While the superconductor proximity effect is well understood in layered superconductor/normalmetal junctions, its understanding is quite limited in systems involving nanoparticles (NPs) and molecules. In recent studies, a unique inverse proximity effect phenomenon was found in which the critical temperatures of Nb films surprisingly increased upon the chemical attachment of gold NPs. Concomitantly, the tunneling density of states on and around the gold NPs was significantly modified, showing either zero-bias peaks or the development of proximity gaps in the NPs. These results seem to be related to the molecule-mediated coupling strength. Here, we study the strong molecular coupling regime of such an architecture, for which proximity gaps are induced in Au NPs.Weshow that significant pinning is induced in a periodic array of Au NPs coupled to a superconducting surface via organic molecules. The pinning potential in this case is stronger than the potential achieved through the direct proximity of Au or Ni islands to the superconducting surface. Amatching field magnetoresistance signal can only be identified using the hybrid Au/organic-linker/Nb system. In this case, the matching vortex lattice density is higher than the saturation number. These results suggest that the NP-Nb electrical coupling through the molecules induces a resonance behavior, which modifies the local pairing amplitude.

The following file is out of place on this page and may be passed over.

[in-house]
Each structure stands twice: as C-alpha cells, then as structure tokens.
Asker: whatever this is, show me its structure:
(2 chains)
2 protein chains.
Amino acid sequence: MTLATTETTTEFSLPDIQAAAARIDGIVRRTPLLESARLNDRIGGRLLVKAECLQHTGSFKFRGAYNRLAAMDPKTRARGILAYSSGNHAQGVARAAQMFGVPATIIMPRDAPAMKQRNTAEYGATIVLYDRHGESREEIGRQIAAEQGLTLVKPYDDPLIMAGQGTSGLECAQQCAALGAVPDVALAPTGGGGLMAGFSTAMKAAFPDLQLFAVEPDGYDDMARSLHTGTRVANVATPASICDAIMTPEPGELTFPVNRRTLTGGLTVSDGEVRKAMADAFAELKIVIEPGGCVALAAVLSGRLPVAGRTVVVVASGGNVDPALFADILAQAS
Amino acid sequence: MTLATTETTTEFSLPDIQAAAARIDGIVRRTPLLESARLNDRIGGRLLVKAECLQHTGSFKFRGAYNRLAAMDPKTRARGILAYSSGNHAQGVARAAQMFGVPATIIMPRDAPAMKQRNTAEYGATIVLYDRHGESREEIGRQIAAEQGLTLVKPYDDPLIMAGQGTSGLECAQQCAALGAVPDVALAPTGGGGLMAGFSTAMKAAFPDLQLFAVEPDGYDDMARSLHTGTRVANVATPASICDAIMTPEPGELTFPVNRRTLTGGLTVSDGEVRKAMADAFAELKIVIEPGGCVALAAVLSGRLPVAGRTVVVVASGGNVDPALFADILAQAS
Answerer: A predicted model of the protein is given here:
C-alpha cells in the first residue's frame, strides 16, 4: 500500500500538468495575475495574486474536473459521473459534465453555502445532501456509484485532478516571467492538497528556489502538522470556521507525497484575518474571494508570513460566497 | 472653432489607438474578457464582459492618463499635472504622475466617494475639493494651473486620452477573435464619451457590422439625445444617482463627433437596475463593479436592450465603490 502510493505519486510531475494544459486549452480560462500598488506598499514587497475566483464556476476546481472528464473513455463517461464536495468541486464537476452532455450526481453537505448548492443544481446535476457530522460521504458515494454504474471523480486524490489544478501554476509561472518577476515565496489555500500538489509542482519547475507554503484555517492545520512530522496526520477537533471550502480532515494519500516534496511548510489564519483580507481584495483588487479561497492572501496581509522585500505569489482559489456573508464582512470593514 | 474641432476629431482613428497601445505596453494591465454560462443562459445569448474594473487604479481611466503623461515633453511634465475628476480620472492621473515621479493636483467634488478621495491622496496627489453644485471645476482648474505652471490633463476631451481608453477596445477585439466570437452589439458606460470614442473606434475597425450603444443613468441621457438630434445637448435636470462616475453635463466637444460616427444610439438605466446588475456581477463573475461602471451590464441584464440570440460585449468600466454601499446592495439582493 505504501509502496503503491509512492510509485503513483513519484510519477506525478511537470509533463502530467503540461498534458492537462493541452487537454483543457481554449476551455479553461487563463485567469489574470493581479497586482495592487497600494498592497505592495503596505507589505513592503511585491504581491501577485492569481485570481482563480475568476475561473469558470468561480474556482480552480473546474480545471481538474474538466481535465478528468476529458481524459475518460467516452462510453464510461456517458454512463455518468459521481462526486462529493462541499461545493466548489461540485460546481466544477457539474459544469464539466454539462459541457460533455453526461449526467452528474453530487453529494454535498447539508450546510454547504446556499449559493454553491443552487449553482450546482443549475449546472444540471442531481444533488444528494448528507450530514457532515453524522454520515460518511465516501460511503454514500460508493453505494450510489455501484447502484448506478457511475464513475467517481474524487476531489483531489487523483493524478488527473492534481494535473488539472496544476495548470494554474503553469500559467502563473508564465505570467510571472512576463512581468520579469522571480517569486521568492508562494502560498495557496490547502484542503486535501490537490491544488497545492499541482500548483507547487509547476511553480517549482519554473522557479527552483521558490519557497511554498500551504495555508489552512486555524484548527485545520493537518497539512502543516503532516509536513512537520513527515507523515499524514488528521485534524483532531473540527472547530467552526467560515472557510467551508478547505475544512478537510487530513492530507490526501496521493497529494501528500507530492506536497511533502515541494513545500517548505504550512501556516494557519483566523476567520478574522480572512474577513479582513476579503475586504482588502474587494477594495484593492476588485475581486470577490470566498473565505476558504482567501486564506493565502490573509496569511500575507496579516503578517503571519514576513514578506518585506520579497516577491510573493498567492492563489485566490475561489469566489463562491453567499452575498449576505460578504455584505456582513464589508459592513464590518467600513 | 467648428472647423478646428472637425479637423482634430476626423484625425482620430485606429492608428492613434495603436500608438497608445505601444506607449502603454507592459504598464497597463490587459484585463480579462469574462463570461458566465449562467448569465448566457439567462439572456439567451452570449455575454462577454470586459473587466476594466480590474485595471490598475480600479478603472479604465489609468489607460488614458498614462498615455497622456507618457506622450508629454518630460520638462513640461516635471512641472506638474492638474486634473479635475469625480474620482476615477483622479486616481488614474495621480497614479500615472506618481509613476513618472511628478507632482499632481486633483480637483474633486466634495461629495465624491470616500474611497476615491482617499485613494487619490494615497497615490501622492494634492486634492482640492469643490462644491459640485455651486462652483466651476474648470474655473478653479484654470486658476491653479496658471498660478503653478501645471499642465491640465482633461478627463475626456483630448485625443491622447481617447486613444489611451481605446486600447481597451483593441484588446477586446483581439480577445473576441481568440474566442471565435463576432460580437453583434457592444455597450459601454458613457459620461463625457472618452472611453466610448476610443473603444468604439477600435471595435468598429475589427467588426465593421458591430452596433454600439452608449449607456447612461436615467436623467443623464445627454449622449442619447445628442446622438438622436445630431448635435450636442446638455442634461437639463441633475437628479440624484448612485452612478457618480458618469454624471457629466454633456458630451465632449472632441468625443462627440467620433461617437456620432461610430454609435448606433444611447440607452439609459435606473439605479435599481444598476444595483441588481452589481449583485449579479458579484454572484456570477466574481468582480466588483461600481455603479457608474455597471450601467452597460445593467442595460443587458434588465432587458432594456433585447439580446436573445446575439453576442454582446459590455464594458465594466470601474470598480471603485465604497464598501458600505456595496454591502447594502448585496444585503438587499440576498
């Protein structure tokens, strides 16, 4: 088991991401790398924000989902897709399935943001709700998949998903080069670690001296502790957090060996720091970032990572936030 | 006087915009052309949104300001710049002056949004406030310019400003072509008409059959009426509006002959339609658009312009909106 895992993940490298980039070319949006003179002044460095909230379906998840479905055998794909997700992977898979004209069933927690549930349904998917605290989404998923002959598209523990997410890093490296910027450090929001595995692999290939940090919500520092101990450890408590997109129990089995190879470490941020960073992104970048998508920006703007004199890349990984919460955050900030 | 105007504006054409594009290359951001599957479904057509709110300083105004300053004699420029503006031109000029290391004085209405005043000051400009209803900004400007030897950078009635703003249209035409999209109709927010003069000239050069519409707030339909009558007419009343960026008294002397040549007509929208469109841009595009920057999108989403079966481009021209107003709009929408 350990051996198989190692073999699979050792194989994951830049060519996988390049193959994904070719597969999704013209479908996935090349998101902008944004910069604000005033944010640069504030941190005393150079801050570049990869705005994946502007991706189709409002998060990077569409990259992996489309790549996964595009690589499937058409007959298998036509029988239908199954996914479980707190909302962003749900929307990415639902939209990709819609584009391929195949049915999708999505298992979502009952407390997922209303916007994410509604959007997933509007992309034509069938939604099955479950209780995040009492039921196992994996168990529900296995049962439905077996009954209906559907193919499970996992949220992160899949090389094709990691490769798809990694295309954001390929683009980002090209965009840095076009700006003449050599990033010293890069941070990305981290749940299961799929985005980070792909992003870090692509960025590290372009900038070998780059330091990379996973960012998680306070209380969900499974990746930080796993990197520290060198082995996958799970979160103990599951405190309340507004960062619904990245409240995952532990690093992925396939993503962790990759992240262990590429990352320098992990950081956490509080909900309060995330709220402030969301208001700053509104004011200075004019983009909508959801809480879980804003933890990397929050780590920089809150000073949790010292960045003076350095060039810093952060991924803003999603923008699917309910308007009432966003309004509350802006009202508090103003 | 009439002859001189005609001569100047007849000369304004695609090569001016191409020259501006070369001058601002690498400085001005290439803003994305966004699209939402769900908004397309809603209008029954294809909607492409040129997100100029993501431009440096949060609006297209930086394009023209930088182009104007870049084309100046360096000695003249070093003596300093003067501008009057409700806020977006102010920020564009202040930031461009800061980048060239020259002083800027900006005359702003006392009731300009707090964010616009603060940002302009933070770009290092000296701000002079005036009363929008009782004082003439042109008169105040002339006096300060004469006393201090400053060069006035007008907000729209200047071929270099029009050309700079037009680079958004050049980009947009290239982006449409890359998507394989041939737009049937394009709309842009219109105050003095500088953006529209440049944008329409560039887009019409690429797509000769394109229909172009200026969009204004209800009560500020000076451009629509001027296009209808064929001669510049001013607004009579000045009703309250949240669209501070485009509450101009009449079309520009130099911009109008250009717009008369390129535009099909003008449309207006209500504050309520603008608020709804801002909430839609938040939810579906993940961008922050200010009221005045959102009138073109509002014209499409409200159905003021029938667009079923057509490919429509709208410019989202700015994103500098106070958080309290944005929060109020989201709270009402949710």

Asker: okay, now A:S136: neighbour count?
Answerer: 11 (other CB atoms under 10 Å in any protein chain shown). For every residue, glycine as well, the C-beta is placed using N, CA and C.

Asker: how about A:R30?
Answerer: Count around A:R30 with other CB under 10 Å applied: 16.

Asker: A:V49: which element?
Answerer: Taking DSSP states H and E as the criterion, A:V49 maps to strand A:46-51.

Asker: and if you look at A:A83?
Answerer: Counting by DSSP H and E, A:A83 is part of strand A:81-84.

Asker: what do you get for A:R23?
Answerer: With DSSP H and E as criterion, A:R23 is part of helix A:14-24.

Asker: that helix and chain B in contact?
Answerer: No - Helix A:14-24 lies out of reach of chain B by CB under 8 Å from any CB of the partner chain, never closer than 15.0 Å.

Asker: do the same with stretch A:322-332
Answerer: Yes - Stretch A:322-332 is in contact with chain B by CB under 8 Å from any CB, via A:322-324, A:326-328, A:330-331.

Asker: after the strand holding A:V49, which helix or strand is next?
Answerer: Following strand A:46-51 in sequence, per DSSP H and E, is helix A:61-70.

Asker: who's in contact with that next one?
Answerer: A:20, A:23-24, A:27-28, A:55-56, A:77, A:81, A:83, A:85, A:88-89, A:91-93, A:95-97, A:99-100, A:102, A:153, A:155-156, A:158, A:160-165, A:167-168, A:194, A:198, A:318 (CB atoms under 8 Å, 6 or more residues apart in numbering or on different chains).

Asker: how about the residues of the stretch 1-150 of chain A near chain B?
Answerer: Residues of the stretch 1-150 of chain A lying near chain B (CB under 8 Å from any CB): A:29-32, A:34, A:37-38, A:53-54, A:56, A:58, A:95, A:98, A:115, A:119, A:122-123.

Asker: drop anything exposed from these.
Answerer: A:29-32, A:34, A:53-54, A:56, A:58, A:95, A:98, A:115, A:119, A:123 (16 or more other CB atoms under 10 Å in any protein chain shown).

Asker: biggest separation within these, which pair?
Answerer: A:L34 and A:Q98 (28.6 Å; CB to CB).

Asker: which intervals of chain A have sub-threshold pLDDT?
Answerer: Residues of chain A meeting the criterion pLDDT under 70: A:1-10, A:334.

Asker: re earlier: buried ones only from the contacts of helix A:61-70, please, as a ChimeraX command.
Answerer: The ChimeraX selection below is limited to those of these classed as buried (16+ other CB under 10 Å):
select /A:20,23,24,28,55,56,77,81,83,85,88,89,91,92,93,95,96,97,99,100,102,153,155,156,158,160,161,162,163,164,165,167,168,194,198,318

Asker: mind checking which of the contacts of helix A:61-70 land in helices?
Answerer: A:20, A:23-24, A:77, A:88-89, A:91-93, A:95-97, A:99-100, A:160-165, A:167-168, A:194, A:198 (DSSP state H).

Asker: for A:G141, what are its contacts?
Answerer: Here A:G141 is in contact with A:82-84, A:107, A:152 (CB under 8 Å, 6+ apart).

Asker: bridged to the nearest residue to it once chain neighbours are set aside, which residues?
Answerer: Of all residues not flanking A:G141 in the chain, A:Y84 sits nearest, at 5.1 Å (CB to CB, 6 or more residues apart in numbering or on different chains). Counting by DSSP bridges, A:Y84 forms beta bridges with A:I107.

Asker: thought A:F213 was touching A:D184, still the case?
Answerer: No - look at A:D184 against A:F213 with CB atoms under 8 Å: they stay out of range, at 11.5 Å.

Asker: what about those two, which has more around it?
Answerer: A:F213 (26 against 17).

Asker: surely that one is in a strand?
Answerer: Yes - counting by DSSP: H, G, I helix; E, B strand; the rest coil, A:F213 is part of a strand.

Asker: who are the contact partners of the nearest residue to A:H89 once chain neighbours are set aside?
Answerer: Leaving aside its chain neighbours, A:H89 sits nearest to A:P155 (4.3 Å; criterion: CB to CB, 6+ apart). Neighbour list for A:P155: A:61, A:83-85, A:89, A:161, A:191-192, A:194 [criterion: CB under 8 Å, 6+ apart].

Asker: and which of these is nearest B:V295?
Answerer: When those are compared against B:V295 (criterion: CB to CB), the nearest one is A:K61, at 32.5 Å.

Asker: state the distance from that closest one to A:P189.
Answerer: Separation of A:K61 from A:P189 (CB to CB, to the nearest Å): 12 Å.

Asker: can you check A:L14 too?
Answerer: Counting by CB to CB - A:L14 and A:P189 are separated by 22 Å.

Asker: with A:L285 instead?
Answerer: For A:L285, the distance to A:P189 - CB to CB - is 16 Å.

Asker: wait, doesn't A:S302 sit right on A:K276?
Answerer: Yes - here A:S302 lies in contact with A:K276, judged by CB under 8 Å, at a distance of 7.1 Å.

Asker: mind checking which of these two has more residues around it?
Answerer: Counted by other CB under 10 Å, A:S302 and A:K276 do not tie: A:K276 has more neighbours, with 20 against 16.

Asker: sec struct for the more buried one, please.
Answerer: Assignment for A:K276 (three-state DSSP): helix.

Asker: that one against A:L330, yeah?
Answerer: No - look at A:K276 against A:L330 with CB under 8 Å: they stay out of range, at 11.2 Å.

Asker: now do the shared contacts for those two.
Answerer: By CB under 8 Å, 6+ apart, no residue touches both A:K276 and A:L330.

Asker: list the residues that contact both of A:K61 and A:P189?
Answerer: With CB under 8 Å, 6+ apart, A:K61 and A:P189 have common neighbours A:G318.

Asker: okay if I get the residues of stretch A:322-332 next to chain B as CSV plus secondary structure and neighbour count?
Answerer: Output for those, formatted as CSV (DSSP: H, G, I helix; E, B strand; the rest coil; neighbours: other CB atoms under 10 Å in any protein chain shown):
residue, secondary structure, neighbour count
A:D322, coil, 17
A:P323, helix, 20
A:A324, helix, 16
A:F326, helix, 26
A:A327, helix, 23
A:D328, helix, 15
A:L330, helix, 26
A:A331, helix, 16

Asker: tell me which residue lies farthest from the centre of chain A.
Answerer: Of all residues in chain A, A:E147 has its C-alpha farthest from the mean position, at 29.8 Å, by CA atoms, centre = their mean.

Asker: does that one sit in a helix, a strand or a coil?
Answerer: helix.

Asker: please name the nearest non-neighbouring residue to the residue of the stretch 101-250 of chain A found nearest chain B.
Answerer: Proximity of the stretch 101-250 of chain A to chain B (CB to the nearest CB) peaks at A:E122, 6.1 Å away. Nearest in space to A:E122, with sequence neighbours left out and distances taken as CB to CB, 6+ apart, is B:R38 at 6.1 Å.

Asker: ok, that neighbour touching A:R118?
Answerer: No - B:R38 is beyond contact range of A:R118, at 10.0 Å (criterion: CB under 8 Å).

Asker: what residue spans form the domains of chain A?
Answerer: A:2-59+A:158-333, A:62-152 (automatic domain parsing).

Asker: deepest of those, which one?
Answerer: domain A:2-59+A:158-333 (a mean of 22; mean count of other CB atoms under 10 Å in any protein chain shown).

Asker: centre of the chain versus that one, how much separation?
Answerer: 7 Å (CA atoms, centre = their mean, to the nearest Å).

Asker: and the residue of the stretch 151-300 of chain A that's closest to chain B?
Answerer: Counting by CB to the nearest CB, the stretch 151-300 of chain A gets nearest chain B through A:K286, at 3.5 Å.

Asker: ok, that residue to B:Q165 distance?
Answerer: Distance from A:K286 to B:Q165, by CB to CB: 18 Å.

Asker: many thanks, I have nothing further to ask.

Bibliographical noteFunding Information:
The research was supported in part by the Leverhulme Trust, grant no. IN-2013-033; a grant from the Academia Sinica—Hebrew University Research Program (OM and YP); and by the ISF (grant no. 1248/10).OM acknowledges support from the Harry de Jur Chair in Applied Science.
Leverhulme Trust, grant no. IN-2013-033; a grant from the Academia Sinica?Hebrew University Research Program (OMand YP); and by the ISF (grant no. 1248/10).OM acknowledges support from the Harry de Jur Chair in Applied Science.
© 2018 The Author(s). Published by IOP Publishing Ltd. All rights reserved.
- matching field
- self-assembled monolayer
- vortex pinning